Not every print was a pleasure at this year’s festival, though. A number of 16mm screenings were programmed in that format’s centenary year, but these fragile prints often struggled to get through the projector. William Klein’s Eldridge Cleaver, Black Panther broke twice during the screening, while the presentations of 1960s Italian music videos and a screening of Lucretia Lombard had to be abandoned. The latter was particularly frustrating, as the first couple of minutes of Jack Conway’s film had shown promise and the print failed just as Norma Shearer had made her first appearance. We did get to enjoy some other gems from 1923, though. Jean Epstein made his first solo effort as a director this year with L'Auberge rouge, and it was thrilling to see him pushing his technique in so many areas, with a boldly roving camera and some particularly potent point-of-view shots. I was also impressed by the visual imagination on display in Arthur Robison’s Schatten, which eschews intertitles and makes ingenious use of shadows as its characters are lulled into a dream state where their deepest desires are revealed. If Robison had known when to quit – ideally after the genuinely shocking climax – then I might be hailing this as one of the greats, but even if its impact is diluted slightly by the extended epilogue, it’s still a remarkable picture.
The most astonishing film from the 1923 strand came from a most unlikely source, however. I've enjoyed watching Ivan Mosjoukine in Bologna a number of times, and his performance in Le Brasier ardent is typically charismatic, lively and unpredictable; his introduction, where it is revealed that he’s been hidden in plain sight throughout the whole scene we’ve just watched, is a delight. But the revelation here is that Mosjoukine also directed Le Brasier ardent, and he proves himself to be an extraordinary talent on that side of the camera too. The film knocked me back in my seat in its opening few minutes, with an extraordinarily visceral, surreal and unsettling nightmare sequence, and throughout the movie Mosjoukine creates incredibly imaginative scenes, full of bizarre images and crazy production design. This film changed the course of Jean Renoir's life (“I decided to abandon my profession, which was ceramics, and to set about making films,” he wrote) but its poor reception at the box office sad killed a potentially thrilling directorial career.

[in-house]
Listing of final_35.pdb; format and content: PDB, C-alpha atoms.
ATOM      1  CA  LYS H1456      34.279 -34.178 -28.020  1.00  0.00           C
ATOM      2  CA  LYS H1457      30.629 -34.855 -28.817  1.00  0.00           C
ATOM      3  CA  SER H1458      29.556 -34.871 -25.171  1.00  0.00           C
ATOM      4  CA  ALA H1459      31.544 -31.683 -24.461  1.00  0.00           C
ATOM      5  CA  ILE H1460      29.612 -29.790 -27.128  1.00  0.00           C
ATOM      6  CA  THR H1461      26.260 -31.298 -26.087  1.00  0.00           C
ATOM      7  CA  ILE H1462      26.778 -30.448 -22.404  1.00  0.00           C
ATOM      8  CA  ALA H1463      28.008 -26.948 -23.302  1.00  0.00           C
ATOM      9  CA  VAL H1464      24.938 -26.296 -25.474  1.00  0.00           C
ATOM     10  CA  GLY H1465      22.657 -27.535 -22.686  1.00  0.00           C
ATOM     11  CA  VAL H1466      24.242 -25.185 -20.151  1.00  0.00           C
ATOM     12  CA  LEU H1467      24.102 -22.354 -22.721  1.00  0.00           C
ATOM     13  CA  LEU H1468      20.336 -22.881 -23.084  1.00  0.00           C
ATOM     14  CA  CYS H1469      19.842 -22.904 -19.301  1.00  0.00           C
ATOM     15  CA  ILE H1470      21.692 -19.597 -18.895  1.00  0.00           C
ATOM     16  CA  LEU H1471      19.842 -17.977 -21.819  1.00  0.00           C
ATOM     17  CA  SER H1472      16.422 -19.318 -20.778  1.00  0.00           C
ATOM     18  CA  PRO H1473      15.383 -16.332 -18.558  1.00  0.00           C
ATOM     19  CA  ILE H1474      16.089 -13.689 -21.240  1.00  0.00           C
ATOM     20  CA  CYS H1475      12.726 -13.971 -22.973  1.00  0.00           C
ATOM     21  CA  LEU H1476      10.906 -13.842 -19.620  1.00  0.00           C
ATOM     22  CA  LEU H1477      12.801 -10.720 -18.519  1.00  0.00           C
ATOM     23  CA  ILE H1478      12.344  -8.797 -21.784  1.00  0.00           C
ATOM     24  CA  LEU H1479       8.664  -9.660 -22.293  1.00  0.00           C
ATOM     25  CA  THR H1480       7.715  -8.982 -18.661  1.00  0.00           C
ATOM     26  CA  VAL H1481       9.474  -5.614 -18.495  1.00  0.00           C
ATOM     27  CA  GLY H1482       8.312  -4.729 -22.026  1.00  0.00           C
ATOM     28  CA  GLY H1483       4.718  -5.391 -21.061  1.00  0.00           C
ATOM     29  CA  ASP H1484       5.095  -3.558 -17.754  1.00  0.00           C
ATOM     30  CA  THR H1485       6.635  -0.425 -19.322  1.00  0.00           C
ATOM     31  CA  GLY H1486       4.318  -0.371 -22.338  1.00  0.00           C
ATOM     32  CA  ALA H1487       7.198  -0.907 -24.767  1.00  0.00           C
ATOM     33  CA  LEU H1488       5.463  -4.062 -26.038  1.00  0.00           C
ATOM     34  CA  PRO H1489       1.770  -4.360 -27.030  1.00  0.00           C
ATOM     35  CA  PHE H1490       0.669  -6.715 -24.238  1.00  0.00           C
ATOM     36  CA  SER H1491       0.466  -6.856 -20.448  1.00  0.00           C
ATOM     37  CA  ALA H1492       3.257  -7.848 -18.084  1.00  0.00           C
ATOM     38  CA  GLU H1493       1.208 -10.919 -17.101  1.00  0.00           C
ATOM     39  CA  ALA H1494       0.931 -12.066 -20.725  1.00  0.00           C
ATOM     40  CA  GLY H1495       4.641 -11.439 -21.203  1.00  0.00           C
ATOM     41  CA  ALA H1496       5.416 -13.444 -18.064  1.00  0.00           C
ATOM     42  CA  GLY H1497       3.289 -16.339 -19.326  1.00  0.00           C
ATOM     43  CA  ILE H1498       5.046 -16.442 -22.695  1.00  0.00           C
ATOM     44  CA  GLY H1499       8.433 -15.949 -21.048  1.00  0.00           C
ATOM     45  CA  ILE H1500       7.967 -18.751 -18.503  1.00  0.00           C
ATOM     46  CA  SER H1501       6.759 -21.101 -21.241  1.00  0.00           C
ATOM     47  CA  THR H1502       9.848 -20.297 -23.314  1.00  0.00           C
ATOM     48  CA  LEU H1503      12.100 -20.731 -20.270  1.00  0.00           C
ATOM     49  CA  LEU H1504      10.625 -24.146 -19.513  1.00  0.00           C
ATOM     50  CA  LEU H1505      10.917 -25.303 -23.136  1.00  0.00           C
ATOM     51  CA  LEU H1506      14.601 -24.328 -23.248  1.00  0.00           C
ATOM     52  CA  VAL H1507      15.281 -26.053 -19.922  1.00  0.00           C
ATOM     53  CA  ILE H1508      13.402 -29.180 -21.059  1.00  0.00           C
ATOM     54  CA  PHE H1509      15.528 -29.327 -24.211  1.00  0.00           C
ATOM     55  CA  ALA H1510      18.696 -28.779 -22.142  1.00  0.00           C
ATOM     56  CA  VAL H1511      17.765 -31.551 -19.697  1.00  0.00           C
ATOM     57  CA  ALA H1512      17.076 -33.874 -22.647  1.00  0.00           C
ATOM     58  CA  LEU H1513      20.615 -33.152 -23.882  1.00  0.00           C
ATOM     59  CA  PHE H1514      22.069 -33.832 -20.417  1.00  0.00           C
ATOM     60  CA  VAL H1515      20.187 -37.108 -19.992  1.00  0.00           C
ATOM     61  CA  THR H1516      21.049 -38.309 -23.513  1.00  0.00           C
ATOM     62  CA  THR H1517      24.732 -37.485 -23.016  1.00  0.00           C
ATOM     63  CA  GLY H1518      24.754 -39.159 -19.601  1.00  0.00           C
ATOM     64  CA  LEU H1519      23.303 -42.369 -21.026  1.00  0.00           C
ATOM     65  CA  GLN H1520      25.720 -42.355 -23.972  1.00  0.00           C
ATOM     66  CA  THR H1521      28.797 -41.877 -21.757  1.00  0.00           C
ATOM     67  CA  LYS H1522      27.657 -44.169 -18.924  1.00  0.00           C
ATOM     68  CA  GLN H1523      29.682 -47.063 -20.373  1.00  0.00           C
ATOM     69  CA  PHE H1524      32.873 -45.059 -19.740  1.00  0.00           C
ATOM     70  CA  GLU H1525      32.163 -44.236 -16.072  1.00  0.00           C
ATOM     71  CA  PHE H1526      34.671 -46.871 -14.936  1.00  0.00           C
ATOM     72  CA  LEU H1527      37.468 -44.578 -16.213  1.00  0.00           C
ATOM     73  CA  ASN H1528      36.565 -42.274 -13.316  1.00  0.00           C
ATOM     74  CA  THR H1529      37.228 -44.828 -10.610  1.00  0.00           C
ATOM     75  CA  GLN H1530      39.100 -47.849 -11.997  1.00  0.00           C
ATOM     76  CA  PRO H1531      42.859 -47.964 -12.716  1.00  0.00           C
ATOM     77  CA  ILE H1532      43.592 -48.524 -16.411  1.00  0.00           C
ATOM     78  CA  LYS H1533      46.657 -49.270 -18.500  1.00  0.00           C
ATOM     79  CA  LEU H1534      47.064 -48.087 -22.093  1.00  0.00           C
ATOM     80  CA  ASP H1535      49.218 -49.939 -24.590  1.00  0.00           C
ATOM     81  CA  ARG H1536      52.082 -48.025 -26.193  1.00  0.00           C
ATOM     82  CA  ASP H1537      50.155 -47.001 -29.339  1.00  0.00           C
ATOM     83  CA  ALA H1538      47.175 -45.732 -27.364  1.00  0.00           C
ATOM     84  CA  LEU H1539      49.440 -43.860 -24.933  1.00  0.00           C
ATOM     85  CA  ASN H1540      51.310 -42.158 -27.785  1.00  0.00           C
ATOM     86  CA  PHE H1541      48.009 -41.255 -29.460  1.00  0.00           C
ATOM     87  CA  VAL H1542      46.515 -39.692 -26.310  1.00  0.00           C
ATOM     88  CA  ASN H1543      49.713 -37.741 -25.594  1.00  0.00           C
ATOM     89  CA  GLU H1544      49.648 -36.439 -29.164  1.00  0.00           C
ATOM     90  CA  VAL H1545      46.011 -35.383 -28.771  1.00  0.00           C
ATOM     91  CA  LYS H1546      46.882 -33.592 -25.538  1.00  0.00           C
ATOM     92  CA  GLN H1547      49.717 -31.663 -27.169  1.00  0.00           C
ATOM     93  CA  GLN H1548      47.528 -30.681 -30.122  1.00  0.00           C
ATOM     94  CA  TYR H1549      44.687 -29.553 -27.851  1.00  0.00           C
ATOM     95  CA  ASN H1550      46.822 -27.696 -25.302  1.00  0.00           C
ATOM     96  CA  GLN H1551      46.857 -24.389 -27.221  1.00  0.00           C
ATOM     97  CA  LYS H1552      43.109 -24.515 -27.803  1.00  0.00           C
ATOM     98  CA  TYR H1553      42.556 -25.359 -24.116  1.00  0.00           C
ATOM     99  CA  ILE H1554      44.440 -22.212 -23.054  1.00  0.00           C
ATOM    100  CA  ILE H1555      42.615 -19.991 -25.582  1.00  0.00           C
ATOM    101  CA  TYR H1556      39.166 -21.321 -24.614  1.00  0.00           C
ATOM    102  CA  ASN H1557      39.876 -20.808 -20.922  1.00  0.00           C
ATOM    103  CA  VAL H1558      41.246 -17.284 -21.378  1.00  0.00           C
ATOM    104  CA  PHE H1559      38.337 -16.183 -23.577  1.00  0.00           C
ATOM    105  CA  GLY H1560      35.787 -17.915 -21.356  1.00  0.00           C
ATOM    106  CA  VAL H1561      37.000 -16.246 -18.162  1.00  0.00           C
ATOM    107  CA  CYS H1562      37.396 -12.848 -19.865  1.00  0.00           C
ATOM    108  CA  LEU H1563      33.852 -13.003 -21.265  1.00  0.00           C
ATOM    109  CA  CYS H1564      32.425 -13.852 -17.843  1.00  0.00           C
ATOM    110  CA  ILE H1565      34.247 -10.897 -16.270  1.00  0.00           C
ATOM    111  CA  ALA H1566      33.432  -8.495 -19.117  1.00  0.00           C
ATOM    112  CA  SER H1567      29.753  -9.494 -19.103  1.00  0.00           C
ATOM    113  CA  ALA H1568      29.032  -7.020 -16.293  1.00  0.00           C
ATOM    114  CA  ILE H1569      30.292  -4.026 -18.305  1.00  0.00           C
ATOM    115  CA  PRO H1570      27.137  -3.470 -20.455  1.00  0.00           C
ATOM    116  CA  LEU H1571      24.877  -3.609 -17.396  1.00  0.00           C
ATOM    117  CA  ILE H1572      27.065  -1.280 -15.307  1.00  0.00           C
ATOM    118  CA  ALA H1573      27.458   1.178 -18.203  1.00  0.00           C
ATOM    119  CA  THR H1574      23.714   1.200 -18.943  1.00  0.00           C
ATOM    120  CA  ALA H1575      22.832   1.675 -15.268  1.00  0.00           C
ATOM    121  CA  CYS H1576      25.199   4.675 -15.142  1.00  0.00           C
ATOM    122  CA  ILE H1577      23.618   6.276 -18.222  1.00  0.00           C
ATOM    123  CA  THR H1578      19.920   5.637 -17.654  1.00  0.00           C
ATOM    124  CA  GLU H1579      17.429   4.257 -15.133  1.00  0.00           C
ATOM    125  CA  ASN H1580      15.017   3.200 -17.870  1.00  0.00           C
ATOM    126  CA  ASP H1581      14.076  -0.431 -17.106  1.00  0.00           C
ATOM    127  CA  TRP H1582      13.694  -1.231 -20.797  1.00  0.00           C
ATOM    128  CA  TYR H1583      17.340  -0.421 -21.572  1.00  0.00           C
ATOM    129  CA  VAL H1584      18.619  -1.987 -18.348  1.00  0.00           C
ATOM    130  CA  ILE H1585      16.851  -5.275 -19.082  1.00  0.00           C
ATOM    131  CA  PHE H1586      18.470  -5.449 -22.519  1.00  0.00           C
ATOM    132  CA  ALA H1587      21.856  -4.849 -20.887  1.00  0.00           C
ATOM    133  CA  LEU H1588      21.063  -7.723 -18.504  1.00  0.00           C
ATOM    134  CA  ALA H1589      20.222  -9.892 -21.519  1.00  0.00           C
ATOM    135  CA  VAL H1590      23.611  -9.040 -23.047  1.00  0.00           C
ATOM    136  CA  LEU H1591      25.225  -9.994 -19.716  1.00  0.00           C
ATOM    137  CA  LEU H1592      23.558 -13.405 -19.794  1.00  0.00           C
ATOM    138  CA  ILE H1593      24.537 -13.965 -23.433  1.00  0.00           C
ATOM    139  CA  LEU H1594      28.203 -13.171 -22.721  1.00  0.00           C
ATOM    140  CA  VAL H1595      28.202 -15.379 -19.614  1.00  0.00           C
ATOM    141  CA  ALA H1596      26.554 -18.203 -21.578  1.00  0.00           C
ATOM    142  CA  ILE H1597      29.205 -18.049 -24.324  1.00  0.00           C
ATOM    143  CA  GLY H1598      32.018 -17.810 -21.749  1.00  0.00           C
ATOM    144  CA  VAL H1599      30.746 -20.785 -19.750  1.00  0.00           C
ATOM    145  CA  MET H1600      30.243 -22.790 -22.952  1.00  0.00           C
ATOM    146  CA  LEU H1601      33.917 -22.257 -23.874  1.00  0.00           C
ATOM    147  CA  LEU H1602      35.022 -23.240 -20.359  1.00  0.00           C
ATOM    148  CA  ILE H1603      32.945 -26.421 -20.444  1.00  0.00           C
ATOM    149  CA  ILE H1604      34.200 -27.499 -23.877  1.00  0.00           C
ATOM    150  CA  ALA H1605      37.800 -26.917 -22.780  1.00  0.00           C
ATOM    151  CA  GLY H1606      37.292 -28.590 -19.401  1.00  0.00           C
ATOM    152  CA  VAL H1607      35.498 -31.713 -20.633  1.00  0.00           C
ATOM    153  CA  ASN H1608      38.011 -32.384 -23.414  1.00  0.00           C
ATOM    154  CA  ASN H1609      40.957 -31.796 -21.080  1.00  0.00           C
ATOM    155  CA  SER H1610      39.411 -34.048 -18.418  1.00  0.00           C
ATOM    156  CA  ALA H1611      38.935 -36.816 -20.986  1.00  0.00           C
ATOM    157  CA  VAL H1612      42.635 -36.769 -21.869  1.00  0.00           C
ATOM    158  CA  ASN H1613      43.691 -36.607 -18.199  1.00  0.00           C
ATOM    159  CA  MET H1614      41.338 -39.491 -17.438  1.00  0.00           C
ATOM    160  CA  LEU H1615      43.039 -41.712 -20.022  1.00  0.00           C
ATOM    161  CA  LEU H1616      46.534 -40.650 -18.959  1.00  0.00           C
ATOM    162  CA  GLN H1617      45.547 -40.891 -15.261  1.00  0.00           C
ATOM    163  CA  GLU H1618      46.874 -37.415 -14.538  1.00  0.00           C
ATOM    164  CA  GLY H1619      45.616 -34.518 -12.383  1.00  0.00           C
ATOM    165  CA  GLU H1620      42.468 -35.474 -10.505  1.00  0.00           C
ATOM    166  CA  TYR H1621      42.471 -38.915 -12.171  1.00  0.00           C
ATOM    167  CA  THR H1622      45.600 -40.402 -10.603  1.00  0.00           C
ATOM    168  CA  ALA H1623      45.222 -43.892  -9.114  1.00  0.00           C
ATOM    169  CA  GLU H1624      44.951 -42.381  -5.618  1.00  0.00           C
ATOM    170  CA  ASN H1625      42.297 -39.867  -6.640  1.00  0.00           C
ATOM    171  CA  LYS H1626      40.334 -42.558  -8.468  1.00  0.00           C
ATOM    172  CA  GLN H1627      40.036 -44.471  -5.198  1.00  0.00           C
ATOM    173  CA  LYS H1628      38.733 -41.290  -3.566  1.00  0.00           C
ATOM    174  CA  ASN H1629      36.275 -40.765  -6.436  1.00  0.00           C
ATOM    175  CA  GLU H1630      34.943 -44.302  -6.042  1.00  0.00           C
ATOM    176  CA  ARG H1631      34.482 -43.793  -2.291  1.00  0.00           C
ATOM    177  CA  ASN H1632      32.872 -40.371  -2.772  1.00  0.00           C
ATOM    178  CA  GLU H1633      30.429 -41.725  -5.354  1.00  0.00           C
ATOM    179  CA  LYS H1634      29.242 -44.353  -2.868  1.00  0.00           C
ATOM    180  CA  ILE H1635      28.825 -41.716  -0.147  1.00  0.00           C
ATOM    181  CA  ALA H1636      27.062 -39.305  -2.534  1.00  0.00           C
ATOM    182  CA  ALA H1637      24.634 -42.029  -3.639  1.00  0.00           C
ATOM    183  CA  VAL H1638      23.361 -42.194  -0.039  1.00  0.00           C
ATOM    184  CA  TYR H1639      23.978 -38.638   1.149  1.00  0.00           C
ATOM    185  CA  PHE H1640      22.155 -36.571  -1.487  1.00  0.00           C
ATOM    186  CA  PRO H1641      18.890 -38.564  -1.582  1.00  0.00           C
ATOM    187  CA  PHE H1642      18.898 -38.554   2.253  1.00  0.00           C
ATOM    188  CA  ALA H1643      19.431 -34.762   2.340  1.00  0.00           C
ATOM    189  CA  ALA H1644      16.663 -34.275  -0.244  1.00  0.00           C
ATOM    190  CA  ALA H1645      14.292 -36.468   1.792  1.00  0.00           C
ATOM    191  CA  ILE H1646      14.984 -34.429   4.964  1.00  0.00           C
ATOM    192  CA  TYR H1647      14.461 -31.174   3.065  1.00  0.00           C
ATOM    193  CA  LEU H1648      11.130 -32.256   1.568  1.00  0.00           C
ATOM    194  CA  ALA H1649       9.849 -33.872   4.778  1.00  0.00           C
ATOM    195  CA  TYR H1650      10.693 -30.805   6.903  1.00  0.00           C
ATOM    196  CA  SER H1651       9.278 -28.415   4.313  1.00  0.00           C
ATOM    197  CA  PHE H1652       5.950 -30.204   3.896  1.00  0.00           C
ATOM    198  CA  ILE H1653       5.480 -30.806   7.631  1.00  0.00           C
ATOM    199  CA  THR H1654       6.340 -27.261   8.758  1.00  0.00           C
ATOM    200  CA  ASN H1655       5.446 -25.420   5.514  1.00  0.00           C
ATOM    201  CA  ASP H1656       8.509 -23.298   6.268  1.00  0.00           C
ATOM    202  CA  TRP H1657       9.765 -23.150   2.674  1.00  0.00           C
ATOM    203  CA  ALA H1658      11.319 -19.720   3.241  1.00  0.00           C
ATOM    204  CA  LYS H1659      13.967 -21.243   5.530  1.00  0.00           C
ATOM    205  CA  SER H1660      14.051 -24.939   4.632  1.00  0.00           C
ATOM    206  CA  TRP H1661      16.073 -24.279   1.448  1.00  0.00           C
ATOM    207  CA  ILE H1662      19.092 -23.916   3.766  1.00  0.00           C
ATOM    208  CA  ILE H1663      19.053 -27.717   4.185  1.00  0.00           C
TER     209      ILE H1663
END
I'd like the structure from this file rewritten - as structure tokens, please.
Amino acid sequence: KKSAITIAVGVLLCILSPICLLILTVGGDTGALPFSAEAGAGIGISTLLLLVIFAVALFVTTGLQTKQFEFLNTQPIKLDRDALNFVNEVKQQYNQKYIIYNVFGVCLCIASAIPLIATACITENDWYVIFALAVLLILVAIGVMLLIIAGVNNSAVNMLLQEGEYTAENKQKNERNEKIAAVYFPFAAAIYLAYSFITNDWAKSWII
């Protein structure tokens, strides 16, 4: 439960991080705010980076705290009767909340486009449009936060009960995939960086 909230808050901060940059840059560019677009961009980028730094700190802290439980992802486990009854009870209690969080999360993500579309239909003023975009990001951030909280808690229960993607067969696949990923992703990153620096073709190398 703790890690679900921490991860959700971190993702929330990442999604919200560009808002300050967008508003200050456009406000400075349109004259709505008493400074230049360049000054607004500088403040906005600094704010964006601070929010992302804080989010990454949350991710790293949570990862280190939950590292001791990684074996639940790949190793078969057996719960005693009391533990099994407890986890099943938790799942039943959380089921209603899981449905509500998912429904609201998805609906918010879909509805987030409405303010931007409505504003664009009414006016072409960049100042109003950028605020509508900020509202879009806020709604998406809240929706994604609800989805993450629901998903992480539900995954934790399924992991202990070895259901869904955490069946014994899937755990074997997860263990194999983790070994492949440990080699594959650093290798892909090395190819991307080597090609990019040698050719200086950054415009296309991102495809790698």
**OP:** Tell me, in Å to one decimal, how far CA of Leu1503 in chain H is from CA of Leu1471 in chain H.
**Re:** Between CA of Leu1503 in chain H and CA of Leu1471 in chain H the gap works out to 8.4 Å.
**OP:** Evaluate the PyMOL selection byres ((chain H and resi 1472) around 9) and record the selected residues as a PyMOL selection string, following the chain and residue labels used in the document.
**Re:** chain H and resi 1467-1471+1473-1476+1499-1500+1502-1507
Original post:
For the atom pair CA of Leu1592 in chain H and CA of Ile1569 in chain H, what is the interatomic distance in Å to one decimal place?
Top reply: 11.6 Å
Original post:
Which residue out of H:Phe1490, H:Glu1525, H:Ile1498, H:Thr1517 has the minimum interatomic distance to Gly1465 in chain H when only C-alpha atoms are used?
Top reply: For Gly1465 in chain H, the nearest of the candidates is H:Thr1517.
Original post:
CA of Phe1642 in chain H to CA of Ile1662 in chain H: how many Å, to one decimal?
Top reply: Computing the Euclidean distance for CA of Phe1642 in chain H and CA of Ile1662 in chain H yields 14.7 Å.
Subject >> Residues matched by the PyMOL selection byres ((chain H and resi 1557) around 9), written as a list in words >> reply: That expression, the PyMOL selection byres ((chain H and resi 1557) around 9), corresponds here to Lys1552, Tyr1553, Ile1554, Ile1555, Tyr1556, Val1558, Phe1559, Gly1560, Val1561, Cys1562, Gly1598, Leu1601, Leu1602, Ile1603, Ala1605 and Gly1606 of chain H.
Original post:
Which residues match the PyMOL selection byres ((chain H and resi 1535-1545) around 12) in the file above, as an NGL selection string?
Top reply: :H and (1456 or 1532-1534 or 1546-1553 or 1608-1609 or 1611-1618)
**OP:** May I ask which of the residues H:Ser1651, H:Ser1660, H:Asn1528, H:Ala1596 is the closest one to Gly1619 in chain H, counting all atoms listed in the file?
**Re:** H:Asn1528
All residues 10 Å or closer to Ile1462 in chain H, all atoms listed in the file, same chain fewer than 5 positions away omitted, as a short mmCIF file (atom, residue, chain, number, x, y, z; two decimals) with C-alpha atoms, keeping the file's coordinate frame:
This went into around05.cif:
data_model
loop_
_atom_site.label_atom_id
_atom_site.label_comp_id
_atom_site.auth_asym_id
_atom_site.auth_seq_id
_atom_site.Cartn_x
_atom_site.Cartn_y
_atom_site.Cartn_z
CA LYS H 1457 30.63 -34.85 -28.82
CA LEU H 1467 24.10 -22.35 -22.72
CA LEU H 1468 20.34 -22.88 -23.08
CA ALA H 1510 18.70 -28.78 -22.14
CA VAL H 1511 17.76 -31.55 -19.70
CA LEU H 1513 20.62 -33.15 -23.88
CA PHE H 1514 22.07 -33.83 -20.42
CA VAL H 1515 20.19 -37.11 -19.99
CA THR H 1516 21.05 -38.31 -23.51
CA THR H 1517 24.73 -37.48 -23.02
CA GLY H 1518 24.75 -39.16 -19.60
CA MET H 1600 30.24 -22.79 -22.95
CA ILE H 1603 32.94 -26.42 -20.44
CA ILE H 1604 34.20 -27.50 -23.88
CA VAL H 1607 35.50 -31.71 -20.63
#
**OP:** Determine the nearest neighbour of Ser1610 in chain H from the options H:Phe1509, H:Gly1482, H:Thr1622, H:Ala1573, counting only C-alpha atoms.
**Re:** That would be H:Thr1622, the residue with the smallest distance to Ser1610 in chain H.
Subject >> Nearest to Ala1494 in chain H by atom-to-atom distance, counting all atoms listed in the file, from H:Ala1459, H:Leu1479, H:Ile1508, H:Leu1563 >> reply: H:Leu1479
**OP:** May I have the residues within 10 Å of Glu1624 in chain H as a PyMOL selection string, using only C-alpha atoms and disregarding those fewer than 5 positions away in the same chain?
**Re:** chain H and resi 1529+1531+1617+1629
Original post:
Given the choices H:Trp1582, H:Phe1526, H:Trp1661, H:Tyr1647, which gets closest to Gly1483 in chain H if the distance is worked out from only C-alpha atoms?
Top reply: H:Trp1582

I may go to Bologna primarily to venture into the unknown and unearth these hidden gems, but it would be remiss of me not to mention one of the most glorious experiences I had this year, with a film I have watched countless times. Black Narcissus played in Piazza Maggiore on a brand-new 35mm print, which brought an overwhelming clarity and vibrancy to The Archers’ awe-inspiring use of colour and ingenious art direction. The shot of Deborah Kerr standing in the lake during the flashback in Ireland, with the sunlight glistening on the water around her, was so dazzling on that huge screen it took my breath away. If the BFI led us into Il Cinema Ritrovato this year, then Bologna returned the favour with this screening, as this splendid new print is one of a few that have been struck for the BFI’s major Powell and Pressburger celebration later this year. I already can’t wait to see it again.